Coca-Cola Femsa has closed its distribution center in the Tierra Caliente region of Guerrero due to insecurity following months of threats and aggression against its employees, reported Mexico News Daily.

There were two armed attacks this week on the facility in Ciudad Altamirano.

In a statement released yesterday, the company said that the decision to shut down indefinitely its operations in the city, effective yesterday, is “consistent with the fundamental objective of preserving the security and safety of its [160] employees.”

“The current lack of the necessary conditions to efficiently and safely operate within this part of the state of Guerrero, as exemplified by the recent unjustified assault on one of our employees, led the company to make this decision,” the statement explained.

At about 3:00am yesterday, a truck transporting a group of 20 armed men crashed into the main gate of the plant.

According to state security officials, the men intended to set the distribution center on fire but Federal Police officers managed to foil the attack. However, when they arrived at the scene the armed men shot at the National Gendarmerie personnel and a confrontation ensued.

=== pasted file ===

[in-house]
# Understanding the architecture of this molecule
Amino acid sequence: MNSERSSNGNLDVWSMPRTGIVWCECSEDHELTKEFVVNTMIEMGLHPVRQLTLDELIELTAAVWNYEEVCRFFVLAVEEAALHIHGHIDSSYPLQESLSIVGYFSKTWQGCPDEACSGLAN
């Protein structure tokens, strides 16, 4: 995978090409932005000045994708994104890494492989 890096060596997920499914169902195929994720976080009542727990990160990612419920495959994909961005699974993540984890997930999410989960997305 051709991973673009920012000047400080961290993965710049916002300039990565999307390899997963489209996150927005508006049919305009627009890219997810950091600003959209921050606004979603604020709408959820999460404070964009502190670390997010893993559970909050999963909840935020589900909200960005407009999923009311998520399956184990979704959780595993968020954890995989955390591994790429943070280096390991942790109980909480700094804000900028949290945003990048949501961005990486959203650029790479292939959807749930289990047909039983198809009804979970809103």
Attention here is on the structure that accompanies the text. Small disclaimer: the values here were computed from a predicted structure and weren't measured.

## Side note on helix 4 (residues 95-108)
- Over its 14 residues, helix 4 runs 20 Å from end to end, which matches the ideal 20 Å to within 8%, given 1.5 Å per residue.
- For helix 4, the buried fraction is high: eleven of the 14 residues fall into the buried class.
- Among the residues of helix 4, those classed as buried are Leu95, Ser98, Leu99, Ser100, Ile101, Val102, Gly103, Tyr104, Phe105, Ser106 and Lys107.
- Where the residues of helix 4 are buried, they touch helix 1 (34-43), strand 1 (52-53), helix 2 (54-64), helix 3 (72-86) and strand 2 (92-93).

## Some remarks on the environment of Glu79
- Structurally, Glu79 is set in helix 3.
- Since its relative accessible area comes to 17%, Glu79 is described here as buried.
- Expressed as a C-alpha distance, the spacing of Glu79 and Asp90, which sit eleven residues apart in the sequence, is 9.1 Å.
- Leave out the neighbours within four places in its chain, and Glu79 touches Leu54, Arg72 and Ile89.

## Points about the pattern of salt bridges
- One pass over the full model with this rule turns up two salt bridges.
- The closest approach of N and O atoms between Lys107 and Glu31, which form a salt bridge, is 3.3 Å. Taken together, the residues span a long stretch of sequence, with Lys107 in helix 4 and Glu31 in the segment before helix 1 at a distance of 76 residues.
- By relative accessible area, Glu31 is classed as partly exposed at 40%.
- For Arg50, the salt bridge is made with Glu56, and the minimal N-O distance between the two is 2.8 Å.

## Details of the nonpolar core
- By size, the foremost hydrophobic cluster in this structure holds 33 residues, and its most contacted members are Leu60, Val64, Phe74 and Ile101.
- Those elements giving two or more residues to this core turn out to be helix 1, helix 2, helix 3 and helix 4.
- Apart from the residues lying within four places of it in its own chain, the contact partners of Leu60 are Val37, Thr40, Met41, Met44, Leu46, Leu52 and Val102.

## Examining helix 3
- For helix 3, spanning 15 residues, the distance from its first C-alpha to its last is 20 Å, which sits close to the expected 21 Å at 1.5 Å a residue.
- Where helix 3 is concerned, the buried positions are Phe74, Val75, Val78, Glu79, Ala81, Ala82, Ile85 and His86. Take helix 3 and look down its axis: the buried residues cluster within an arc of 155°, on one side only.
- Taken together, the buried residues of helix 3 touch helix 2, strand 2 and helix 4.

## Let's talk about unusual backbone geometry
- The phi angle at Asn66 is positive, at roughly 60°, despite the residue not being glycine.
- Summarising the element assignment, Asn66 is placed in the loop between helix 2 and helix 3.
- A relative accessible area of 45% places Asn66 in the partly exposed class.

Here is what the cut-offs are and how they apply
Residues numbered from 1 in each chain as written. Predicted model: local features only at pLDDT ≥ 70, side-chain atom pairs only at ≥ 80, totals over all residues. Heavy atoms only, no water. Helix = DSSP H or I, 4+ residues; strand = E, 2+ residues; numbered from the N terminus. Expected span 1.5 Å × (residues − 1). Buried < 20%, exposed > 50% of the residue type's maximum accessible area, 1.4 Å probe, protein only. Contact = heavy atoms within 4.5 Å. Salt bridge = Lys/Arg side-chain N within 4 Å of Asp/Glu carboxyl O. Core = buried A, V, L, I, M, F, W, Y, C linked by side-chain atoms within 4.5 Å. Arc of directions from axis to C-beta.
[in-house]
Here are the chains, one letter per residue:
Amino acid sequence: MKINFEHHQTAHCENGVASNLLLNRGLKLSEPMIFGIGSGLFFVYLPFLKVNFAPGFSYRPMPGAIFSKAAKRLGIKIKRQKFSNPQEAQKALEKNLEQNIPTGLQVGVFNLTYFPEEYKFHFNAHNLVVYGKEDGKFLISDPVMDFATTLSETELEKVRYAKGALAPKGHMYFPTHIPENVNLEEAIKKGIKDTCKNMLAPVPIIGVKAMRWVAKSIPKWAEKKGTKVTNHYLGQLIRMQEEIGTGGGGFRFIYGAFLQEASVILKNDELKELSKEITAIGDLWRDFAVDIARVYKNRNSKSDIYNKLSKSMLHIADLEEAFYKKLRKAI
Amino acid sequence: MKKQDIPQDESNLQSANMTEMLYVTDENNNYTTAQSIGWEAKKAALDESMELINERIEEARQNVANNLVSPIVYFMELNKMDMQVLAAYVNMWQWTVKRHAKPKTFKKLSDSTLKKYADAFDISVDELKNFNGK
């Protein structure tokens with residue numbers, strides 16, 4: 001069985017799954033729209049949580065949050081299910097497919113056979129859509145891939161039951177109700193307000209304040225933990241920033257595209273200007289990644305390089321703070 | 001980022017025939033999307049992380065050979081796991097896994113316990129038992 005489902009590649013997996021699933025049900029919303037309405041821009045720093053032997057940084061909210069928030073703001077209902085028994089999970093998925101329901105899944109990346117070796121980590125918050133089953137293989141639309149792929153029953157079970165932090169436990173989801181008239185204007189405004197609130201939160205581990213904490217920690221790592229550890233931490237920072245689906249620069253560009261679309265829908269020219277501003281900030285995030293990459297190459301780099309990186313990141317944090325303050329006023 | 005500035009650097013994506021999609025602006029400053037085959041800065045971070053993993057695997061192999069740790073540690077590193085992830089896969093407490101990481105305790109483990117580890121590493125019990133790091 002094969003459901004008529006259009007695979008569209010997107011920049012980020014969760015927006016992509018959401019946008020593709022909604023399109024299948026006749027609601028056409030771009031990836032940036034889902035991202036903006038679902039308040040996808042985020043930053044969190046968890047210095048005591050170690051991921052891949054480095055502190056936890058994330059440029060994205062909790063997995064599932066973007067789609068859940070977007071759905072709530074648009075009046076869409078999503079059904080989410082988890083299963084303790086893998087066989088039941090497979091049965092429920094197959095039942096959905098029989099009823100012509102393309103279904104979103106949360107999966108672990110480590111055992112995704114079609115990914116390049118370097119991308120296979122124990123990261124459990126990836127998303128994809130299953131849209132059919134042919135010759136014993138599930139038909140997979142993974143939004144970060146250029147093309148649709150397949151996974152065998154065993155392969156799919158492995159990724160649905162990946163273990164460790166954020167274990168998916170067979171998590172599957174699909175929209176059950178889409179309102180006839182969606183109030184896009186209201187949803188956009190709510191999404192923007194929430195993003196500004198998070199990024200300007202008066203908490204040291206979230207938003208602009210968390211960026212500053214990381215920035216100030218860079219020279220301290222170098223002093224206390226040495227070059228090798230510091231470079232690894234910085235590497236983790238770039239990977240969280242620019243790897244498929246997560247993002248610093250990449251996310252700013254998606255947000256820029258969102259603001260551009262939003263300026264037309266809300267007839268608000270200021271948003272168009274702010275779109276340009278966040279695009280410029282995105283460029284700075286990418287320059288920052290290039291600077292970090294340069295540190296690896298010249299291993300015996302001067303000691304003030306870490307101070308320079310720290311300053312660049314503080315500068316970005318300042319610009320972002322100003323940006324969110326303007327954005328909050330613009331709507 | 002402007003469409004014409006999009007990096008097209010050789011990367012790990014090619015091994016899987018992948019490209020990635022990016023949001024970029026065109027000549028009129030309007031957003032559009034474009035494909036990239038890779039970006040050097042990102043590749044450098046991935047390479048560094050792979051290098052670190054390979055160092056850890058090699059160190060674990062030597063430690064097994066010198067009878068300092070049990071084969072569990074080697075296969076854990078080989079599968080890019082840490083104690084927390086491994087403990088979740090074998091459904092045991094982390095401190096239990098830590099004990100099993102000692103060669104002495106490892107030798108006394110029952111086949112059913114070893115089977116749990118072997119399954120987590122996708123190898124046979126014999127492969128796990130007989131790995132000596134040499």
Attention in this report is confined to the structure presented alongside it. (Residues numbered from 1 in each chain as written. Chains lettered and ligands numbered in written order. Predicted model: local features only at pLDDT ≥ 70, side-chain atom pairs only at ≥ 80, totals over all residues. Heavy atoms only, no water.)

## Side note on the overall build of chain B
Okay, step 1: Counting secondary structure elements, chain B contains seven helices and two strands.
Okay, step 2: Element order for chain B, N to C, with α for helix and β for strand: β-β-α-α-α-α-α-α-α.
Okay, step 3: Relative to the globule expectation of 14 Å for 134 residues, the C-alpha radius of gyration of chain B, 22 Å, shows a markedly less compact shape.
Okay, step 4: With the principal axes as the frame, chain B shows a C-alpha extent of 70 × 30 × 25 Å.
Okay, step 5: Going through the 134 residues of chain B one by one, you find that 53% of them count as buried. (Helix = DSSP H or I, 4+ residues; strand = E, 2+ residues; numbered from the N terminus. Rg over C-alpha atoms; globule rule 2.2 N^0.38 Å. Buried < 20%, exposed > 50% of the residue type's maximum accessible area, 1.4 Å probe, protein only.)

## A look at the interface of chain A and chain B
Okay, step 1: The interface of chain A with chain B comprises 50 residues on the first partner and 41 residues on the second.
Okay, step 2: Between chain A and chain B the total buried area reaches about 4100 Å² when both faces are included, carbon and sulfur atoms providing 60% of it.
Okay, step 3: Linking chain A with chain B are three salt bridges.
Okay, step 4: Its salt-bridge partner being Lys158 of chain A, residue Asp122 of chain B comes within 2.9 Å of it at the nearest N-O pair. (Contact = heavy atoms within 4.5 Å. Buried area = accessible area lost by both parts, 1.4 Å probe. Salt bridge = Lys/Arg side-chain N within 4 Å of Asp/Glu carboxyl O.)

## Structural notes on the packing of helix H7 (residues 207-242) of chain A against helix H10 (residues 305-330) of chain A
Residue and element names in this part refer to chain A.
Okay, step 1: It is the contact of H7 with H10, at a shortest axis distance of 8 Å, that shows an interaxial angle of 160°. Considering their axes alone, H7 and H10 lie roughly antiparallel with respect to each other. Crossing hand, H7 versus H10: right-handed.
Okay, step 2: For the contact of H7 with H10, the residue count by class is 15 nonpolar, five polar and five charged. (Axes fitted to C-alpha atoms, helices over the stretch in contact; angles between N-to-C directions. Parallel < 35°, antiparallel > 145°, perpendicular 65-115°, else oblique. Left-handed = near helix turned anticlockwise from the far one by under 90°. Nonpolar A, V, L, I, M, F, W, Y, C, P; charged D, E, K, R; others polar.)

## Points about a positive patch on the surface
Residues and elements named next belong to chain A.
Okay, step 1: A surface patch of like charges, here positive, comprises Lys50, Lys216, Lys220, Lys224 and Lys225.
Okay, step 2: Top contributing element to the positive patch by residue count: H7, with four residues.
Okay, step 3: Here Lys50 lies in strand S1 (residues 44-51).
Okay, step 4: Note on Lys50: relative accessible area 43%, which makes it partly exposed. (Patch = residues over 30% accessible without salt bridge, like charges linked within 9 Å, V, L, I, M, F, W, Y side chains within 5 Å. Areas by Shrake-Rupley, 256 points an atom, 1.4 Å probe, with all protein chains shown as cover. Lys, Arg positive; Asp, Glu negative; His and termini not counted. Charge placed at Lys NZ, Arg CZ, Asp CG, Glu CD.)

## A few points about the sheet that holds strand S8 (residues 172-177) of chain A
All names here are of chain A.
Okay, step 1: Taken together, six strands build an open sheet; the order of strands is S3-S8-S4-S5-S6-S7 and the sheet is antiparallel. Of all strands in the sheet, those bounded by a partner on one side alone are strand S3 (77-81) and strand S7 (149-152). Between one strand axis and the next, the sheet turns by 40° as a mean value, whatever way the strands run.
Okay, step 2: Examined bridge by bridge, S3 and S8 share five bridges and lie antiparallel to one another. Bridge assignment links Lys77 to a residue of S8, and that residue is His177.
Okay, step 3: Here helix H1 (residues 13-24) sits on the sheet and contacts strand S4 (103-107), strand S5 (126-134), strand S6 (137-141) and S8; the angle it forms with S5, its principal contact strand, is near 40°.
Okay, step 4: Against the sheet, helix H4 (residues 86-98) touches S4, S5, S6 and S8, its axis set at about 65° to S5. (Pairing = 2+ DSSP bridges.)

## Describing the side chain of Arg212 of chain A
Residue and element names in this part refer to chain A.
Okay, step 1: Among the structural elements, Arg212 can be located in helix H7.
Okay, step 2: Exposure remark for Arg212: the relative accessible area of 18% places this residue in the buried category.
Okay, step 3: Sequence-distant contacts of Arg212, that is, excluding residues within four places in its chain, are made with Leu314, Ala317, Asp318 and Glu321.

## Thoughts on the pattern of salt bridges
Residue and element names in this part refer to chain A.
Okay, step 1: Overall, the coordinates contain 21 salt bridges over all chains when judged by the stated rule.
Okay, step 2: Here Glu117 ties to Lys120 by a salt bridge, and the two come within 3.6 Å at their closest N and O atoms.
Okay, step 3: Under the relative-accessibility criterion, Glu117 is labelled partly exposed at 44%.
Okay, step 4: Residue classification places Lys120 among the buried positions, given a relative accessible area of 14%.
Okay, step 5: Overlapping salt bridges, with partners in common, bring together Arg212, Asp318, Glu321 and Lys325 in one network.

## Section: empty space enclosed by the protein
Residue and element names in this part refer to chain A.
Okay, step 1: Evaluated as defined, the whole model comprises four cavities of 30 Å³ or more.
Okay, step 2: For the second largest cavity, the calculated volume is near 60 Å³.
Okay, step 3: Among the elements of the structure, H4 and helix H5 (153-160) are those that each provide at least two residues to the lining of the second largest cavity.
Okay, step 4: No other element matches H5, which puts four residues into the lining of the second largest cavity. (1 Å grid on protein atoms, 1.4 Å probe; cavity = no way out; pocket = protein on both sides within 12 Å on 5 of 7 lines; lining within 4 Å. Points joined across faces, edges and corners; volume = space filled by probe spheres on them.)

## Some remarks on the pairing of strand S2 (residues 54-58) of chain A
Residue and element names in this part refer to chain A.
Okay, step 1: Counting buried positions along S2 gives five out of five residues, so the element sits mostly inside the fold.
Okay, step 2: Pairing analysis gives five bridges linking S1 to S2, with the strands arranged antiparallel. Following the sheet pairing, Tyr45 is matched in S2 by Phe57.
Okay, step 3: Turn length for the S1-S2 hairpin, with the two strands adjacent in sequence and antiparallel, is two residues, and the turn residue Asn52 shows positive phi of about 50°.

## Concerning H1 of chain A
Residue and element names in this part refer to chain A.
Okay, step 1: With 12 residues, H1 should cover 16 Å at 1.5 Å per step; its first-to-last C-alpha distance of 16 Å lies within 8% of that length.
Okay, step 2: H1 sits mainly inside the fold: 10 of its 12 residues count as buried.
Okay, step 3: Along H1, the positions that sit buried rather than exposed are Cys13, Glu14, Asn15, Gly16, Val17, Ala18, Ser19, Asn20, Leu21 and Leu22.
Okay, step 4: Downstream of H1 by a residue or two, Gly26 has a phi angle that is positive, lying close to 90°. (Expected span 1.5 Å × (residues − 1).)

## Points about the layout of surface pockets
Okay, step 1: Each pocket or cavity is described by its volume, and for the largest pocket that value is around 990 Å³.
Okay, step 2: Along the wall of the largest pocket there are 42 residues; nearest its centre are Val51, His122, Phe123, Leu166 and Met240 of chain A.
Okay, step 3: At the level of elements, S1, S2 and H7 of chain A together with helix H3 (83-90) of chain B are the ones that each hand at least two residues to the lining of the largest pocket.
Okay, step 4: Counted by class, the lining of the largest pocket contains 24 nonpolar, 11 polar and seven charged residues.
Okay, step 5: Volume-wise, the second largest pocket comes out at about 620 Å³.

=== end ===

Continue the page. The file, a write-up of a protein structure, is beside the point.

One of the aggressors was arrested but the others managed to escape, leaving behind a pickup truck, a firearm, bullet casings and plastic containers filled with gasoline, the Guerrero Coordination Group (GCG) said.

Two days earlier, the distribution center was targeted in another attack.

In that incident, armed men shot at company employees who were reopening the plant’s sales section, which had been closed since January due to extortion threats. One Coca-Cola worker was seriously wounded in the assault.

In yesterday’s statement, the company said that since the start of the year “its employees at its distribution center in Ciudad Altamirano have received constant threats and acts of aggression from organized crime.”

Shutting down operations due to violence against Coca-Cola in Guerrero, one of Mexico’s most violent states, is not unprecedented.

In August 2014, the bottler temporarily ceased operations in the municipality of Arcelia, located 50 kilometers east of Ciudad Altamirano, after four of its delivery trucks were torched during a dispute between the criminal organizations La Familia Michoacana and Guerreros Unidos.

In February 2015, it shut down its storage facility in the state capital Chilpancingo for two weeks after a company manager and assistant manager were abducted and held hostage by students from the Ayotzinapa Rural Teachers’ College.

At the time, the students said that setting the employees free was conditional on the release of two of their fellow students who had been detained by police for looting a Coca-Cola delivery truck.

The students attended the same school as 43 students who disappeared in Iguala, Guerrero, six months prior to the kidnapping in September 2014.

In June 2015, the company once again shuttered its operations in Arcelia because of constant threats from organized crime.

Yesterday’s decision by the world’s largest Coke bottler brings an end to more than four decades of operations in the Tierra Caliente region of Guerrero, an area plagued by violent cartel crime.

Last weekend, the army sent in more than 1,200 troops to the same region in Michoacán.